It has been three years since the catastrophic earthquake that crumbled much of Port-au-Prince, Haiti. Hundreds of thousands were killed and over a million lost their homes. Natural disasters can sink countries into deeper despair, or they can be the catalyst for change. Although thousands are still displaced, we’re beginning to see a massive rebuilding effort, improved building regulations and, in the end, we’ll hopefully see safer, cleaner cities in Haiti.
But it’s not only material changes that are taking place—and often it’s the immaterial changes that are the most important.
Many Haitians don’t believe there is any future for them in Haiti. Instead of working for its progress, many seek to leave the country and join the vast Haitian population living abroad. But God has given Compassion’s leaders in Haiti a huge vision: a vision that the Church in Haiti will lead the way in changing their country through transformed hearts.
Mobilizing the Church
In the months following the earthquake, Compassion brought together pastors, leaders and Christian institutions in Haiti to cast a vision for the Church’s role in changing the country. Together, they are mobilizing and challenging the Church to fulfill their mission of bringing hope to the world. Leaders have been seeking to understand some of the social ills, such as corruption, that have plagued Haitian society for decades, and are challenging Haitian Christians to repent and take bold action to change society.
“It is not acceptable that in a country where 35 to 40 per cent of the population claims to be Protestant Christians, corruption is so widespread,” said Edouard Lassegue, Compassion’s vice president of Latin America and the Caribbean. “The church has tolerated this for too long. The church has participated in this for too long. Therefore, a group of Haitian Christians wants to rise up and proclaim the biblical message about the importance of these values in our lives and in our society in general.”
Compassion has led pastors in studying and meditating on topics like integrity, justice and leadership. In turn, they are leading their churches, Sunday schools, Christian schools, and the public in general in contemplating what the Bible has to say on these topics, and what action God is calling them to take.
A Haiti without domestic children
Another campaign to change hearts in Haiti is challenging parents against sending their children into domestic service. After the earthquake, poor children are even more vulnerable to be sent away to be servants. They’re called restavèks—children who are basically treated as slaves and are vulnerable to physical and sexual abuse. Children who grow up as restavèks grow up with a slave mentality and never learn their value as individuals.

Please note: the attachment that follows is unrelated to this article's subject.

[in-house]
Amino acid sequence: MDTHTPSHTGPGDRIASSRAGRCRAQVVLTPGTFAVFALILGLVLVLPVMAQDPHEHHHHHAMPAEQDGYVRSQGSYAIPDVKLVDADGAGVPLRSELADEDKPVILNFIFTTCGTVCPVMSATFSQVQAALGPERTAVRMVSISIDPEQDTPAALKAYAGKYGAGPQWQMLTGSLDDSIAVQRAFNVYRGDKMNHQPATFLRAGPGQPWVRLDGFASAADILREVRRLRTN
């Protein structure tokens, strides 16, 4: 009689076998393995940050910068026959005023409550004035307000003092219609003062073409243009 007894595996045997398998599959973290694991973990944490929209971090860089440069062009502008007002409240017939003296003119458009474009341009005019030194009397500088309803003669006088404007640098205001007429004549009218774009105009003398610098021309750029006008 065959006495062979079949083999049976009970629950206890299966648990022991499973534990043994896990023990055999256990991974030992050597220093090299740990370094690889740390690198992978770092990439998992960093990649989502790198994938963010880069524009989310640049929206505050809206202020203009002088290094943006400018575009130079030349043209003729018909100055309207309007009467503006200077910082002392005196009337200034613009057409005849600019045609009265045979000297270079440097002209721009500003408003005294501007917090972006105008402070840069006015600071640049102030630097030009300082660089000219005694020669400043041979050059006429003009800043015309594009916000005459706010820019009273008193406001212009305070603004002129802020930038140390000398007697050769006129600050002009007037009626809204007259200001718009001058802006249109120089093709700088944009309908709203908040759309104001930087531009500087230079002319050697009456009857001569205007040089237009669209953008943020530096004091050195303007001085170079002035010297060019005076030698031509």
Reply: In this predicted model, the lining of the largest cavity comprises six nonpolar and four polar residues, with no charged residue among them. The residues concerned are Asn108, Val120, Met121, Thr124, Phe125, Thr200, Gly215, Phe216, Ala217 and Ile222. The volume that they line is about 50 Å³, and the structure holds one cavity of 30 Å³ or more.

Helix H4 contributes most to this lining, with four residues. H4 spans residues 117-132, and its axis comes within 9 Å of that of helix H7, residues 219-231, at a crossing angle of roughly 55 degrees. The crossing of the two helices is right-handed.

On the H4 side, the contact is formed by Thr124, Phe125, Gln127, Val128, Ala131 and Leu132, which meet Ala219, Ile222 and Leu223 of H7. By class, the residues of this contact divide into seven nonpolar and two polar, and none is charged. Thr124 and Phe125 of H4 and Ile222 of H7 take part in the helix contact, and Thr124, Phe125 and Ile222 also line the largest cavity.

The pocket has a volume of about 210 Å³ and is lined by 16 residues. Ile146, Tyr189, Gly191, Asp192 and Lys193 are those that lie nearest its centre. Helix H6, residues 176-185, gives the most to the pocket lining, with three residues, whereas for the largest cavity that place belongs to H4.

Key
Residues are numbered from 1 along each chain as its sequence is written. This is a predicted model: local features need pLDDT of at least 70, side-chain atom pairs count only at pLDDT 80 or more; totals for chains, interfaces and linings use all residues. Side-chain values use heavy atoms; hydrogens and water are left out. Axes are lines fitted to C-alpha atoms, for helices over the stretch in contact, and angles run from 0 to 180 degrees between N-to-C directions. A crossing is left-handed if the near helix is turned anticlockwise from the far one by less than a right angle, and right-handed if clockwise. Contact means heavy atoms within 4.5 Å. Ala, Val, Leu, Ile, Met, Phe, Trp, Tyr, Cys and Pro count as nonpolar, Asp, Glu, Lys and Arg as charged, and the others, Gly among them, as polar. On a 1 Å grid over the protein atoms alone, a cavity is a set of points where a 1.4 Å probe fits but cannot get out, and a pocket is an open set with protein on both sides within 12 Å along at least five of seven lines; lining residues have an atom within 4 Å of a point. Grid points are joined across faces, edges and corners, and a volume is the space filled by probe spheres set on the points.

“We believe that children deserve a decent life where they can be treated with love and dignity,” said Viker Louis, Compassion Haiti’s child protection officer. “At Compassion, we believe that all children were created in the image of God and should be treated accordingly.”
Through the campaign, “A Haiti without Domestic Children,” Compassion is educating parents against the dangers of sending their children into domestic service. And they are building in parents a vision to develop their children and encourage their talents and abilities.
A new heart for Haiti
It sounds trite, but children are the future. Today’s children will be the ones who will change Haiti tomorrow. Compassion centres have been participating in a campaign called “A New Heart for Haiti.” They are building in children the idea that their country can have a different future and that God can use them to usher in that change.
As part of this campaign, children have given speeches and performed skits that inspire them and their communities on the future God wants to see for Haiti. Children have even recorded messages of hope that are being broadcast throughout the country.
Compassion believes that God truly will raise up a new generation of leaders who can transform their country with integrity and through the gospel.
Change comes slowly. Often it comes not in the form of new buildings, but through the changed hearts of individuals. Please join us in praying that God continues to transform hearts in Haiti and that the Church would rise up to change their country.
Field reporting and photography by Ricot St. Paulin.